Naomi Shihab Nye.
Naomi Shihab Nye is the 2019-2021 Young People’s Poet Laureate. Credit: Wikimedia Commons / Naomi Shihab Nye

Naomi Shihab Nye was so depressed on her twentieth birthday that she refused to celebrate. She thought her childhood was now behind her (wrong.)

So begins the brief Nye biography on the dust jacket of Time You Let Me In, a 2010 book of young people’s poetry edited by Nye.

“I just didn’t want to grow up!” Nye exclaimed when asked about the reason she had been so down. “I was very attached to childhood,” she said, further explaining that “I had a phobia that one would age and become compartmentalized. You’d become a servant to making a living and paying your bills, and what would happen to all your dreams?”

Fortunately, Nye’s obstinacy about staying on her idealistic course as a young poet held, leading her on a lifelong path of writing and teaching poetry. On May 7, the Chicago-based Poetry Foundation named Nye the 2019-2021 Young People’s Poet Laureate, with the charge of helping to “instill a lifelong love of poetry among the nation’s developing readers,” according to its website.

Nye has been doing that her entire career, beginning with youth poetry workshops around Texas just after graduating from Trinity University in 1974. She started writing at age 6, sending out her first poems for publication a year later. “I’ve stayed connected to youth because I started doing this in my youth,” said Nye, who read a selection of poems from her newest book, The Tiny Journalist, at The Twig Book Shop on Tuesday.

Driving to the smaller towns and cities of Texas like Kingsville, Abilene, Longview, Comanche, Temple, and Comstock taught her several things: that she could learn to love the snakes of West Texas (at least for metaphorical imagery), that even these far-flung places can be “hotbeds of creative energy,” and that anyone can love poetry even in they’re not familiar with it. “Sometimes people just need to be invited in,” she said.

Her new role is to do just that. Over her two-year term as laureate, Nye will travel to destinations like New York City but will also suggest locations she’d like to visit. Nye mentioned wanting to visit the vibrant Arab-American community in Houston and to revisit locales of her past like Shelbyville, Illinois, where her grandparents lived and she spent summers, and Ferguson, Missouri, near her childhood home of St. Louis. Ferguson would be “a really important place to go back to, and do some togetherness poetry events,” she said, believing in the power of poetry to help heal civic wounds.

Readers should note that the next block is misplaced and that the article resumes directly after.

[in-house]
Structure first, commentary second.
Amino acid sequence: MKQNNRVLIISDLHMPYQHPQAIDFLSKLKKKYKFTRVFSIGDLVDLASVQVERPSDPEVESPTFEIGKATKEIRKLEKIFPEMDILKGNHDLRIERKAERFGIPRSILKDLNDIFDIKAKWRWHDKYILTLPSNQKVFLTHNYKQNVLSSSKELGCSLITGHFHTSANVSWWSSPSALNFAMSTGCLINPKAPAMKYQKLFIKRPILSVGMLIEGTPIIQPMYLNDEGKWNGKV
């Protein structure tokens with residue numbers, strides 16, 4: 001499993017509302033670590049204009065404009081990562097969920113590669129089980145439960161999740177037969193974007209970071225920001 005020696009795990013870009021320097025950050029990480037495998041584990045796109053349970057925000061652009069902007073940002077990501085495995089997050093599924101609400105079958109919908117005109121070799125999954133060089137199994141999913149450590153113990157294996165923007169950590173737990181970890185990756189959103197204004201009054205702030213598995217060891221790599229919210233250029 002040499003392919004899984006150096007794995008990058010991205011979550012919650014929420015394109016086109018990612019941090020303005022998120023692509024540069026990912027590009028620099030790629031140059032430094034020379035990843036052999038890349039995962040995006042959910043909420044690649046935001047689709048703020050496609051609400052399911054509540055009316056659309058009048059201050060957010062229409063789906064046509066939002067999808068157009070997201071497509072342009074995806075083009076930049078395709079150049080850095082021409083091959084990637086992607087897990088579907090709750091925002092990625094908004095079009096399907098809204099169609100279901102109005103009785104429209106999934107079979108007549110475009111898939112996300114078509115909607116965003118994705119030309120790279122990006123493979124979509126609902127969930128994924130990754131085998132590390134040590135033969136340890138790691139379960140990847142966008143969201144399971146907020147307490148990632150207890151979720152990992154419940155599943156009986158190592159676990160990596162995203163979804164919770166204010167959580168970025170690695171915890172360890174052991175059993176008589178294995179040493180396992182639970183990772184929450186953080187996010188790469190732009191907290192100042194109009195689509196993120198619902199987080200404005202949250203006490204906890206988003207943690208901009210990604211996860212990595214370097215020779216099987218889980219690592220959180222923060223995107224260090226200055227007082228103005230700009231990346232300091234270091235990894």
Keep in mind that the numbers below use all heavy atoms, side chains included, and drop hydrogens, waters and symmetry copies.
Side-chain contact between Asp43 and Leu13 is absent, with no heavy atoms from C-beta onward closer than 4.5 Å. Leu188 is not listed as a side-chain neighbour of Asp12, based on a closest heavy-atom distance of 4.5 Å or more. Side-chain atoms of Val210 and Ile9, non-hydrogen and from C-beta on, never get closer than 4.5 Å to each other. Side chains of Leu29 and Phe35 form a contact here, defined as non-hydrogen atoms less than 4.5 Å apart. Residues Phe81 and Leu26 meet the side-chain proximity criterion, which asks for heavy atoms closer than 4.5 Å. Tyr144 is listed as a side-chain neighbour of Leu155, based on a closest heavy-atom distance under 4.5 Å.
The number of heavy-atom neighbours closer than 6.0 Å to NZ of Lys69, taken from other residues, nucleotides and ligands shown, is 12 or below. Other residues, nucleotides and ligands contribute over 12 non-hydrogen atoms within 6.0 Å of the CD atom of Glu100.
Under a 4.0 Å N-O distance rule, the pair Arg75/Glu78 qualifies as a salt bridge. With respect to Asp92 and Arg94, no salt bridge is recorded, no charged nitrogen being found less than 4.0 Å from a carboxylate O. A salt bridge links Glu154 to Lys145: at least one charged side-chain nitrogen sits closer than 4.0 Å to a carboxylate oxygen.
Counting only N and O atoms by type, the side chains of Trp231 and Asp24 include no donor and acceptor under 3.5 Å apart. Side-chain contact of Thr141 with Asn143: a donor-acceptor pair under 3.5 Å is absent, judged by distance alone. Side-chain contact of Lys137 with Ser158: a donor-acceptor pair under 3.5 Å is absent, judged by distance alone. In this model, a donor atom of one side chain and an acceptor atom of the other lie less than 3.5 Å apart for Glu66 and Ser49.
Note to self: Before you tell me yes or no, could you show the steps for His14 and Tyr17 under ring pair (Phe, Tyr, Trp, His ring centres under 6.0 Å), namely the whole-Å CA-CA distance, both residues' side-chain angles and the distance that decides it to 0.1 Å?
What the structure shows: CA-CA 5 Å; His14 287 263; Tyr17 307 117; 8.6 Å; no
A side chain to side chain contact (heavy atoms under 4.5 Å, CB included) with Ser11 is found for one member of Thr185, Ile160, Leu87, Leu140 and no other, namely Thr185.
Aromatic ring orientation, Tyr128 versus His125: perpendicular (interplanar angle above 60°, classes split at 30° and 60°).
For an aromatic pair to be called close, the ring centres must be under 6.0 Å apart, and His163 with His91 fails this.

Nye will also engage her hometown of San Antonio. She plans to revisit events she once hosted with alternative energy advocate William “Bill” Sinkin at the Institute of Texan Cultures and the Mexican Cultural Institute that brought Arab-American and Jewish communities together. “This is the best dream of the world, these two communities that people imagine to be in conflict, but they’re not,” she said.

Nye dedicated Honeybee, her 2008 book of poems for children, to her Palestinian father Aziz Shihab. In it, she doesn’t shy away from controversial topics. The poem Culture of Life begins:

George W. Bush believes
in a “culture of life.”

This is very interesting to those
who have died recently
because of his decisions.

They discuss it regularly.
What could they have done
to be alive?

In Texas schools during the first Iraq war of the early 1990s, Nye brought Iraqi poems into classrooms. The poems were not about war and violence, she said, “but about human life – by a mom about her child, a father about his childhood. It was an important time to be expressing to kids that people in Iraq have voices, families, grandmas.”

Though friends warned her that her strategy might be unpopular, she knew better. Nye had already brought this same fervor to her first anthology of international poetry, titled This Same Sky, published in 1996. Since then, the book has been used in elementary, middle, and high schools as well as colleges, throughout Texas and beyond, she said.

“To me it was a successful book because it crossed the lines of reader, age, borders. I think a good poem is a good poem,” Nye said. “I do write for young people, but also hope there would be a blend, a crossover” with writing for adults, she said.

Her latest book addresses adult readers while honoring Janna Jihad Ayyad, a Palestinian teen who began documenting protests in Gaza as a 7-year-old, using her mother’s smartphone.

In the 2019 book, Nye draws direct inferences between two political situations that might at first seem distant. A poem titled A Palestinian Might Say reads:

Yes, a wall. Ours came later but. . .
who talks about how sad the land looks,
marked by a massive wall?
That’s not a normal shadow.
It’s something else looming over your lives.

As Nye accrues such awards and honors as a Guggenheim Fellowship, multiple Pushcart Prizes, and membership in the International Poetry Forum, she threatens to embody the subject of her 1995 poem Famous, which casts a humble light on the idea of fame. “The loud voice is famous to silence, which knew it would inherit the earth before anybody said so,” she wrote in 1995. Since then, the poem has been adapted to multiple formats, including a children’s book and a video.

In keeping with the new Young People’s Poet Laureate’s lifelong pursuit of encouraging youth to experience and write poetry, Famous ends with inspiring instructions:

You, too, can write a poem
about being who you are –
and who you want to be.
Your poem is your life. Your
life is your poem. Just begin!

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Nicholas Frank

Senior Reporter Nicholas Frank moved from Milwaukee to San Antonio following a 2017 Artpace residency. Prior to that he taught college fine arts, curated a university contemporary art program, toured with...